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One of the funniest movie of all time
jacobjohntaylor14 March 2016
This movie is very funny. The mean characters are the grand son of Doctor Frankenstein The grand son of Ygor and a monster that they created. This movie is a satire of the Frankenstein movies from the 30's and 40's. I am a big fan off these movies. And I fine this movie to be very funny. One the funniest movies I have ever seen. It got an 8 but is such a great movie that 8 is underrating it. I do not like a lot of comedy movies. And I have to say this is one of the better ones. Mel Brooks is a great director. Most film directors do not know what funny is. But he does know. Gene Wilder is great actor and writer. Mel Brooks is also and great writer. This movie is a most. If you want to laugh see this movie.
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What's so funny?
alexandermangoldt18 February 2006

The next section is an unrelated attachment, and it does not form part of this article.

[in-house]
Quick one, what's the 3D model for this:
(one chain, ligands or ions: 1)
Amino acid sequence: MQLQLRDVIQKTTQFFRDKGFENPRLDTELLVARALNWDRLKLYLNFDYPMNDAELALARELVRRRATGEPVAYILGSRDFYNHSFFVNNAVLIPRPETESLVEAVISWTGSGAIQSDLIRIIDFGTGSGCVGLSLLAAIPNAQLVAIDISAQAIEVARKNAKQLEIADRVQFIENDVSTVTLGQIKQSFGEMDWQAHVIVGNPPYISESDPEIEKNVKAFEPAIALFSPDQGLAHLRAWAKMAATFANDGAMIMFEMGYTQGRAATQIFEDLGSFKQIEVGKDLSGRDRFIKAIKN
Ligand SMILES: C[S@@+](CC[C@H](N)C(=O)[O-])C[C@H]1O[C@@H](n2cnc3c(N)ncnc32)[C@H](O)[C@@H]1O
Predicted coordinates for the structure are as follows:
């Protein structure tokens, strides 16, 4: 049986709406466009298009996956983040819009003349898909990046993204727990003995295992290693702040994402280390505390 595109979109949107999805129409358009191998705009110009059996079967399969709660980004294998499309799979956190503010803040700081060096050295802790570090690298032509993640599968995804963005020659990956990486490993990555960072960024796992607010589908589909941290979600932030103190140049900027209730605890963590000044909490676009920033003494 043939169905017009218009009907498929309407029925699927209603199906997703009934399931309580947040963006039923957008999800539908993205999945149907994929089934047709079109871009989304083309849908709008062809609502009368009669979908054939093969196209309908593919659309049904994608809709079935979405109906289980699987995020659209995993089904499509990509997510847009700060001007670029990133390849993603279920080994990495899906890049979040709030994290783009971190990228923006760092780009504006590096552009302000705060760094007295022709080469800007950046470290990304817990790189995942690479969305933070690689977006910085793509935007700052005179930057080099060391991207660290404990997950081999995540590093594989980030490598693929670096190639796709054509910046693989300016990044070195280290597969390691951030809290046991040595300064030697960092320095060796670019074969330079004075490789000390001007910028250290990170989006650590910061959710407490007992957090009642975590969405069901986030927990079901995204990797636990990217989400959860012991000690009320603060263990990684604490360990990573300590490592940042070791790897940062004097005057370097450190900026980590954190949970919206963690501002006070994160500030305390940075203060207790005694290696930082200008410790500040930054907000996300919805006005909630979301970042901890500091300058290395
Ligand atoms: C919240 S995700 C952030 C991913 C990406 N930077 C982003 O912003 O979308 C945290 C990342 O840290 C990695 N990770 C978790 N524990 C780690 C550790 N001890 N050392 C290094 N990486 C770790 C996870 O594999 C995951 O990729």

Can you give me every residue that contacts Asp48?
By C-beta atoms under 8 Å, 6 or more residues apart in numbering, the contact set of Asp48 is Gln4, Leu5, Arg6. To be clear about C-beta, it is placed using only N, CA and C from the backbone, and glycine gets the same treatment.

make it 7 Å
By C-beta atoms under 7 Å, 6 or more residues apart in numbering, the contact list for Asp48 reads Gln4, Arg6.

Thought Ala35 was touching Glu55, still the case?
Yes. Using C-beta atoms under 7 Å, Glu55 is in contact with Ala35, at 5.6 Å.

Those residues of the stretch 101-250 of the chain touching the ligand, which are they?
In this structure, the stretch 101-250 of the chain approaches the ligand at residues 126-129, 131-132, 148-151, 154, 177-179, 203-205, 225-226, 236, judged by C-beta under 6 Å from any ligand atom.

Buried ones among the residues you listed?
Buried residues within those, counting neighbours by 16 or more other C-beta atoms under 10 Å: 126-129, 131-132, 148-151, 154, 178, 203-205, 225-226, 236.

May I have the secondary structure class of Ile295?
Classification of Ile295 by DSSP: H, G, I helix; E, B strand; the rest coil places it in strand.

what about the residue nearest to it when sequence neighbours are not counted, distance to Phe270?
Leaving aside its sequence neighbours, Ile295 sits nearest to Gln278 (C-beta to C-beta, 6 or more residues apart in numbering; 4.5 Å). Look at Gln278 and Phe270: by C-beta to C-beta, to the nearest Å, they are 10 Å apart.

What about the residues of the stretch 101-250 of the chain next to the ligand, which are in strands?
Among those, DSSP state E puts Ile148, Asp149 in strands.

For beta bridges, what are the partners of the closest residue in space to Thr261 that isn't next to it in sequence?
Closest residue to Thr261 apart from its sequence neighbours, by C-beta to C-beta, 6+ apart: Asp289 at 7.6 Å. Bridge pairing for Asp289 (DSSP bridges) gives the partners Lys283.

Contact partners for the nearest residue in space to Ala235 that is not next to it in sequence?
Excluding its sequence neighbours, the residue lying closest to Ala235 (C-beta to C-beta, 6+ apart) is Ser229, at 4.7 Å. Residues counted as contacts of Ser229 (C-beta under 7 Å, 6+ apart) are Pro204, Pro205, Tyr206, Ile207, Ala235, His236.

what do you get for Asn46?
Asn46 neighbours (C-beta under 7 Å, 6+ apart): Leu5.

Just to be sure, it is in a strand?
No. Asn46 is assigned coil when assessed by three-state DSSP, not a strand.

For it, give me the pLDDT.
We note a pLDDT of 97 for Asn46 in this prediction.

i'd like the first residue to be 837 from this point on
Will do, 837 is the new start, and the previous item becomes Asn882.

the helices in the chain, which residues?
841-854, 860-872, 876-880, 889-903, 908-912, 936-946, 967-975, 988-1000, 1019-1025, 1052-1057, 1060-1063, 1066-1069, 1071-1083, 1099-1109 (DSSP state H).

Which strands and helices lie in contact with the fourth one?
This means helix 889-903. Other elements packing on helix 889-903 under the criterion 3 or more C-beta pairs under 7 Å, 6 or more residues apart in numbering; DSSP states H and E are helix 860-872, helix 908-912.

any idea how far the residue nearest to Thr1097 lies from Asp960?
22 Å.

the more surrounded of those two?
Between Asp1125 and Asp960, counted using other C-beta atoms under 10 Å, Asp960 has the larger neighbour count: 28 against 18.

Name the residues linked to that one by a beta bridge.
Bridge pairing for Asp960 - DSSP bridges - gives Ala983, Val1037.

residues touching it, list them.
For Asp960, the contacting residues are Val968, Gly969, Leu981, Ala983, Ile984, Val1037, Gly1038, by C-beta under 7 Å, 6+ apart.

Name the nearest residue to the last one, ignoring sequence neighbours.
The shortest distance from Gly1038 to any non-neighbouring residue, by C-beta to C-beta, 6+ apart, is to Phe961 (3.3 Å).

Warning: Spoilers
I really don't know what sense of humor you need to have in order to find this movie hilarious. For all I know, I didn't catch myself laughing more than twice throughout the whole movie. Most of the jokes where simple slapstick, like Gene Hackman as the blind man pouring wine and soup accidentally all over the monster. And what with the German accent. As far as I know, Transylvania is not and never was a part of Germany, so why the thick German accent. No, honestly, for a whizkid like me there weren't any sophisticated jokes and hardly a scene managed to crack me up. Mel Brooks success is and will remain a mystery to me and I don't know how more movies of him I have to see in order to find out what's so great about him. I worked in a cabaret once and I found out that a lot of people just laughed because the guy on stage was a comedian, not because he was funny. And one particular comedian (German Helge Schneider) could do anything he wanted (ordinary things like pick up a cup of coffee) he had the whole crowd cheering. I guess this is what you call the Pygmalion effect. Hahaha!